Intensive control of blood pressure in older people significantly reduced the risk of developing mild cognitive impairment, a precursor of early dementia, according to the National Institutes of Health-supported Systolic Blood Pressure Intervention Trial Memory and Cognition in Decreased Hypertension, or SPRINT MIND.

However, the study did not prove that treating blood pressure to a goal of 120 mm Hg or less statistically reduced the risk of dementia. This result may have been due to too few new cases of dementia occurring in the study, the authors noted.

The final results of the trial, in which the University of Alabama at Birmingham and the UAB School of Medicine played major clinical and leadership roles, were published in the Journal of the American Medical Association.

“Remember that the trial’s management of blood pressure in both the standard and intensive arms was discontinued early, after only three years, due to the demonstrated benefit of fewer cardiovascular events and lower all-cause mortality with intensive control,” said Virginia Wadley Bradley, Ph.D., a professor of medicine in the Division of Gerontology, Geriatrics and Palliative Care and the vice chair of the committee that oversaw the SPRINT MIND trial. “It is remarkable that lowering blood pressure intensively for only three years reduced the incidence of MCI within a five-year period. MCI considerably increases the risk of subsequent dementia. SPRINT results now show that both the heart and the brain are protected by intensive treatment of hypertension. The implications for prevention of cognitive impairment are groundbreaking.”

MCI is defined as a decline in memory and thinking skills that is greater than expected with normal aging and is a risk factor for dementia. Dementia is defined as a group of symptoms associated with a decline in memory or other thinking skills severe enough to reduce a person’s ability to perform everyday activities.

The objective of SPRINT MIND was to evaluate the effect of intensive blood pressure control on risk of dementia. Hypertension, which affects more than half of people over age 50 and more than 75 percent of those older than 65, has been identified as a potentially modifiable risk factor for MCI and dementia in previous observational studies.

“The finding that intensive blood pressure lowering to a goal of <120 mm Hg systolic is more effective than standard blood pressure treatment to a goal of <140 mm Hg systolic in preventing mild cognitive impairment in older patients with hypertension is a dramatic success story,” said Suzanne Oparil, M.D., the principal investigator for the UAB Clinical Center Network of the SPRINT trial. “The SPRINT MIND results show that aggressive lowering of blood pressure in these hypertensive individuals is effective in maintaining cognition, thinking, remembering and reasoning. No other treatment has been demonstrated to be similarly effective in preserving mental function in older people.”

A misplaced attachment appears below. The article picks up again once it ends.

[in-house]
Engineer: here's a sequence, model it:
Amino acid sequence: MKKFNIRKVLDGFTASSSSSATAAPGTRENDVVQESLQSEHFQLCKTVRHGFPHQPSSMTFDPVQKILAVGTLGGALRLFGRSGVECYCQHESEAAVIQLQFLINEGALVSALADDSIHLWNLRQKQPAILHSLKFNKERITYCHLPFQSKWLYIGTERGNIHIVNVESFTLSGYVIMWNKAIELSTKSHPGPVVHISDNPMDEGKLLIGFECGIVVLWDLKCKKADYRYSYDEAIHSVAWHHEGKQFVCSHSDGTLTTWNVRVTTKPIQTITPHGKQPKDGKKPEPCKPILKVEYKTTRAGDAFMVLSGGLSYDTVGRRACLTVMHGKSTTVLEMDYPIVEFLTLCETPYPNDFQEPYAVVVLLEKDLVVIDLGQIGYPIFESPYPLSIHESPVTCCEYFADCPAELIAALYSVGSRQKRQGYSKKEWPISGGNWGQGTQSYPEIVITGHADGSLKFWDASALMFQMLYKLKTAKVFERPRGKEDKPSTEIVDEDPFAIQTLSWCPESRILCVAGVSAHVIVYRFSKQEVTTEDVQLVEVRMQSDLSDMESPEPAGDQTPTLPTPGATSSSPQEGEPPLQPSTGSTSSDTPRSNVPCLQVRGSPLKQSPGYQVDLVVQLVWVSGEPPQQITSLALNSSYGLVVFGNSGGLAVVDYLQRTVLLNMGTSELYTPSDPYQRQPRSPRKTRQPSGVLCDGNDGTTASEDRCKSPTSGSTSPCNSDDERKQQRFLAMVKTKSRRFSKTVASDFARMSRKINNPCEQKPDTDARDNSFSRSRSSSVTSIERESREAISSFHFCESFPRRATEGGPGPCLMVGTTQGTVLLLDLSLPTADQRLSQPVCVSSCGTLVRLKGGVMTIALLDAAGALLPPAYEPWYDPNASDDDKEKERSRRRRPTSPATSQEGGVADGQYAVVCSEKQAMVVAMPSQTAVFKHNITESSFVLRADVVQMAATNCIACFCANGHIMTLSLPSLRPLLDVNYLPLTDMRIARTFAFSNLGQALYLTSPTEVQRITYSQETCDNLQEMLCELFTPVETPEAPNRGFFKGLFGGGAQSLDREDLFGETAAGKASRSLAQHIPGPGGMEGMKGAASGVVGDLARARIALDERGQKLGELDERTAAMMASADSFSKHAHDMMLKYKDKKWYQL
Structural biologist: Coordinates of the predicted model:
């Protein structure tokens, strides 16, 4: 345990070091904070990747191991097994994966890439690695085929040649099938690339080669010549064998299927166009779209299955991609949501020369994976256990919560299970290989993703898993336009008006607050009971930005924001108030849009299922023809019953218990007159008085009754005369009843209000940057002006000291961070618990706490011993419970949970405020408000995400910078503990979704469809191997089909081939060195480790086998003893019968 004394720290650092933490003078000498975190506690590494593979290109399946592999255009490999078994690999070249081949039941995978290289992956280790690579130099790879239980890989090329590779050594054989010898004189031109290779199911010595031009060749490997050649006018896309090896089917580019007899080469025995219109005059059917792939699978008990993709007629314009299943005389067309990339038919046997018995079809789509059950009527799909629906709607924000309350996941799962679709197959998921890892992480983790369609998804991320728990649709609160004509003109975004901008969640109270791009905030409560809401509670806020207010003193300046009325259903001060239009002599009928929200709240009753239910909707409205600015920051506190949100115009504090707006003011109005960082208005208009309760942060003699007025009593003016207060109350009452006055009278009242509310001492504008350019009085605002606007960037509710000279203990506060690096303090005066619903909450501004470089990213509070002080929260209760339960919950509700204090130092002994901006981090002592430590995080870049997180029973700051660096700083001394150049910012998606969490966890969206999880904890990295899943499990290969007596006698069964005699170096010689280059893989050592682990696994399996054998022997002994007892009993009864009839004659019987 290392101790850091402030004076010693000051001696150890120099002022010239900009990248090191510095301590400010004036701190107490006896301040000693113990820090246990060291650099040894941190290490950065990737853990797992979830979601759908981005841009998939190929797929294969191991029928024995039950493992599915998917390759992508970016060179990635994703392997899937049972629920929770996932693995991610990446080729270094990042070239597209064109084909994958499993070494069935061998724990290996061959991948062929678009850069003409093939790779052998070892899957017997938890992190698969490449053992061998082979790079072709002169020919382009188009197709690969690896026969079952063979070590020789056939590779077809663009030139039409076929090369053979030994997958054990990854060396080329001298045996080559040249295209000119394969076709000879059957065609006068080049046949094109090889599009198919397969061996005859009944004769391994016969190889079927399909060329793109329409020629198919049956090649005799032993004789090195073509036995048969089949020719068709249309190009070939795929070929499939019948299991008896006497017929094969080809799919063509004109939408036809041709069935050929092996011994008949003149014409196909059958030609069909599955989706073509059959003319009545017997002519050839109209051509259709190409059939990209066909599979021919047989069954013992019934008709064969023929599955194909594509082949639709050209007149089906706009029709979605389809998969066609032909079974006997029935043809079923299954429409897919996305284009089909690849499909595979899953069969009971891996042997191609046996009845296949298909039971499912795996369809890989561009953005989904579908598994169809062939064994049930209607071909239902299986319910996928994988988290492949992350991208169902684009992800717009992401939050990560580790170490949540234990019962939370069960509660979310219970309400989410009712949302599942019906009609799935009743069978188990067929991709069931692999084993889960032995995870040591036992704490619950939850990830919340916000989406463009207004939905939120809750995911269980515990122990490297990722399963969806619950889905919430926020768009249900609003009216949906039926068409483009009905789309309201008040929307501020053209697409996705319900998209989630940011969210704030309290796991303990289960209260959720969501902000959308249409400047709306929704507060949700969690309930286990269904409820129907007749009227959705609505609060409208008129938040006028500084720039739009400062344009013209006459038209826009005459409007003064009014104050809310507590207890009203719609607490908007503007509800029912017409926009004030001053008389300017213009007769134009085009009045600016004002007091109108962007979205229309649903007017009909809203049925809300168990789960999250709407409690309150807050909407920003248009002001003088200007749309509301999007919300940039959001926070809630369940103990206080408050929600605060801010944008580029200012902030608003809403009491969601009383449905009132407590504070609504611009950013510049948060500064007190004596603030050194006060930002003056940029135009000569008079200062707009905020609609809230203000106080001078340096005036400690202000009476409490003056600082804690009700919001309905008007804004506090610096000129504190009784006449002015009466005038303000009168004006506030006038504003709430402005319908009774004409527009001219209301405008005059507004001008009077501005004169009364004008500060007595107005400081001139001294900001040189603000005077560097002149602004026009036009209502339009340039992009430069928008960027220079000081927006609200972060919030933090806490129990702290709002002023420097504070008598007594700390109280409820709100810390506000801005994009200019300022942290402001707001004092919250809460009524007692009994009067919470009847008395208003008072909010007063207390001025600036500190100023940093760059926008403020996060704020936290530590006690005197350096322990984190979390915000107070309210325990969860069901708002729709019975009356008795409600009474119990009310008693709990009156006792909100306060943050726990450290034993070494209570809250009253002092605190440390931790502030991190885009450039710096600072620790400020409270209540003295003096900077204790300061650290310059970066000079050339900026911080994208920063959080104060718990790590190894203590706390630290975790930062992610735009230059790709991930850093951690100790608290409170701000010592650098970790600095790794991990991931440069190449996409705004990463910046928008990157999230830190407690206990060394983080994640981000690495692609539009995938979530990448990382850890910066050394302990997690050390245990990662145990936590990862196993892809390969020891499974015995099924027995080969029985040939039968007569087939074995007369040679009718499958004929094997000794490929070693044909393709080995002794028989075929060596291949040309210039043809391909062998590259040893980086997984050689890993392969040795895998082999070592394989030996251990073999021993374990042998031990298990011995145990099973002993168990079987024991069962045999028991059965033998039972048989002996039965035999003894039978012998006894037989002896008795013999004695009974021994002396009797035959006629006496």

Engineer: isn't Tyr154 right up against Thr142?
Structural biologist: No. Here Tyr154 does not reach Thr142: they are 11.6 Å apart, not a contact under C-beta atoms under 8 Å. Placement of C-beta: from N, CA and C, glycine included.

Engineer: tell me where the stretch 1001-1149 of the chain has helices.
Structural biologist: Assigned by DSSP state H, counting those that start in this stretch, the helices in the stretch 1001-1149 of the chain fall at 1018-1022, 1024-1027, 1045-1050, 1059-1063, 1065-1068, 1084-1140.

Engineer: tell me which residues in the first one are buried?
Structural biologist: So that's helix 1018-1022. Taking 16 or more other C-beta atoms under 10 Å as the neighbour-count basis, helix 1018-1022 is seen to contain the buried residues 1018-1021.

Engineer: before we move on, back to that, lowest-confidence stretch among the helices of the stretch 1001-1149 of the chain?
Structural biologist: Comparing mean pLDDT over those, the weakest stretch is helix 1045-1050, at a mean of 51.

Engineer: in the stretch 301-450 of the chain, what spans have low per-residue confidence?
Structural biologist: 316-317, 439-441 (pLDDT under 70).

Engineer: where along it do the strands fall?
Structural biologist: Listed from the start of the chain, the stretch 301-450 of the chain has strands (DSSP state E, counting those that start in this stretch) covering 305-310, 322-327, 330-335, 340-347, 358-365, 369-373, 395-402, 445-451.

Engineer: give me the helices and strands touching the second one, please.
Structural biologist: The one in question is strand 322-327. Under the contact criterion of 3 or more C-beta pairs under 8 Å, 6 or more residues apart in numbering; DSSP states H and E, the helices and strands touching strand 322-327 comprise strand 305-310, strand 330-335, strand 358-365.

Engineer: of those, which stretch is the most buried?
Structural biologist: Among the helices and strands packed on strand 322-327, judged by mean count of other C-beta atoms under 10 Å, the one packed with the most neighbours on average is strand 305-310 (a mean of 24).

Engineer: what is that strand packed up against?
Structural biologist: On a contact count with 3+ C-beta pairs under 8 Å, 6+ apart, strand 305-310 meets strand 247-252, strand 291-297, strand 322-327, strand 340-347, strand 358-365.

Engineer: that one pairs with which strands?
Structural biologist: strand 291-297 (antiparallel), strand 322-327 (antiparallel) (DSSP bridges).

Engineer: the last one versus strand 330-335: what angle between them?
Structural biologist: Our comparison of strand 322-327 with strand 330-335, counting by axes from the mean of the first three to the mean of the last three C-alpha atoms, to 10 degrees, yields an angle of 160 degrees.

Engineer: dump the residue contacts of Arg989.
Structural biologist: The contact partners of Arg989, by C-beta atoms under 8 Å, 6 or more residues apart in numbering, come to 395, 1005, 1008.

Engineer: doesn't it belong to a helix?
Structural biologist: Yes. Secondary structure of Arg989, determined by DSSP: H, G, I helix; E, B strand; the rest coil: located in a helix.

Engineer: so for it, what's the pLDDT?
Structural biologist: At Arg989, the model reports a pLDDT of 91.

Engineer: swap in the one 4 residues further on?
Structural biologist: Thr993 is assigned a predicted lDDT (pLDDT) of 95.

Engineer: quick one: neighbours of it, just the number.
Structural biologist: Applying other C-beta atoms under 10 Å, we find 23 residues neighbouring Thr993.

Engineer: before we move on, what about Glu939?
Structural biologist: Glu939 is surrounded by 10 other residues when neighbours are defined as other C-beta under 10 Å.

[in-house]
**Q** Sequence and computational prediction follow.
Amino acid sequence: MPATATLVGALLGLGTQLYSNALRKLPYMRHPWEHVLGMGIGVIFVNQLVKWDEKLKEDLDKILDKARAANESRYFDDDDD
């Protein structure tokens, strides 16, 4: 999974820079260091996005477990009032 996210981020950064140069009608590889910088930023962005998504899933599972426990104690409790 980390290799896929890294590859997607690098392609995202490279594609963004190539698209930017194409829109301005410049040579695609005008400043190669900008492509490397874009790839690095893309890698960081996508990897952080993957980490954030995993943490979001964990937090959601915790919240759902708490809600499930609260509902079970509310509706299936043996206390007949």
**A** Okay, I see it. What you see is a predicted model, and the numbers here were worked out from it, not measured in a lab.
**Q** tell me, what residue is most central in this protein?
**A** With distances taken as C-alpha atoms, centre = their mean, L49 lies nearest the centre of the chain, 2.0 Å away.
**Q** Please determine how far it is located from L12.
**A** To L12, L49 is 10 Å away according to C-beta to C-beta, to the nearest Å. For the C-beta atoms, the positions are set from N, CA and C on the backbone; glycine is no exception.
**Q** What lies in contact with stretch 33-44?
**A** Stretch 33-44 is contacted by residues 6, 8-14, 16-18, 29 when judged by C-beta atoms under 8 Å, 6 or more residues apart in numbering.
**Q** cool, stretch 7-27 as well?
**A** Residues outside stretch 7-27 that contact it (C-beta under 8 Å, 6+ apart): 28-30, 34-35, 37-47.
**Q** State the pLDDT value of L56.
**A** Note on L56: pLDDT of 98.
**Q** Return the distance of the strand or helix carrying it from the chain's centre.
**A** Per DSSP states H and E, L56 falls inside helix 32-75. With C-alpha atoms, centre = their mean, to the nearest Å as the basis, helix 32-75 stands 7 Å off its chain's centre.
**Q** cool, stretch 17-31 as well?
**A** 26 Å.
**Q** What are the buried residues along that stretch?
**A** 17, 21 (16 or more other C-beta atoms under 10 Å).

Participants were randomly assigned to a systolic blood pressure goal of either less than 120 mm HG (intensive treatment) or less than 140 mm HG (standard treatment). They were then classified after five years as having no cognitive impairment, MCI or probable dementia.

“This report adds to the results of the main outcomes of SPRINT published in 2015,” said Cora E. Lewis, M.D., chair of the Department of Epidemiology in the UAB School of Public Health and the co-principal investigator of the UAB hub. “Those results showed that participants assigned to the intensive blood pressure intervention had significantly lower risk of cardiovascular outcomes and death from all causes. In spite of these results, that were dramatic enough for the study sponsor to stop the intervention period of the trial early, some health care providers were hesitant to adopt intensive blood pressure goals in their practice because of concerns about possible adverse effects of low blood pressure on cognition. These results should prove reassuring to providers and patients that treating to the intensive goal did not increase the risk of dementia.”


Source Newsroom: University of Alabama at Birmingham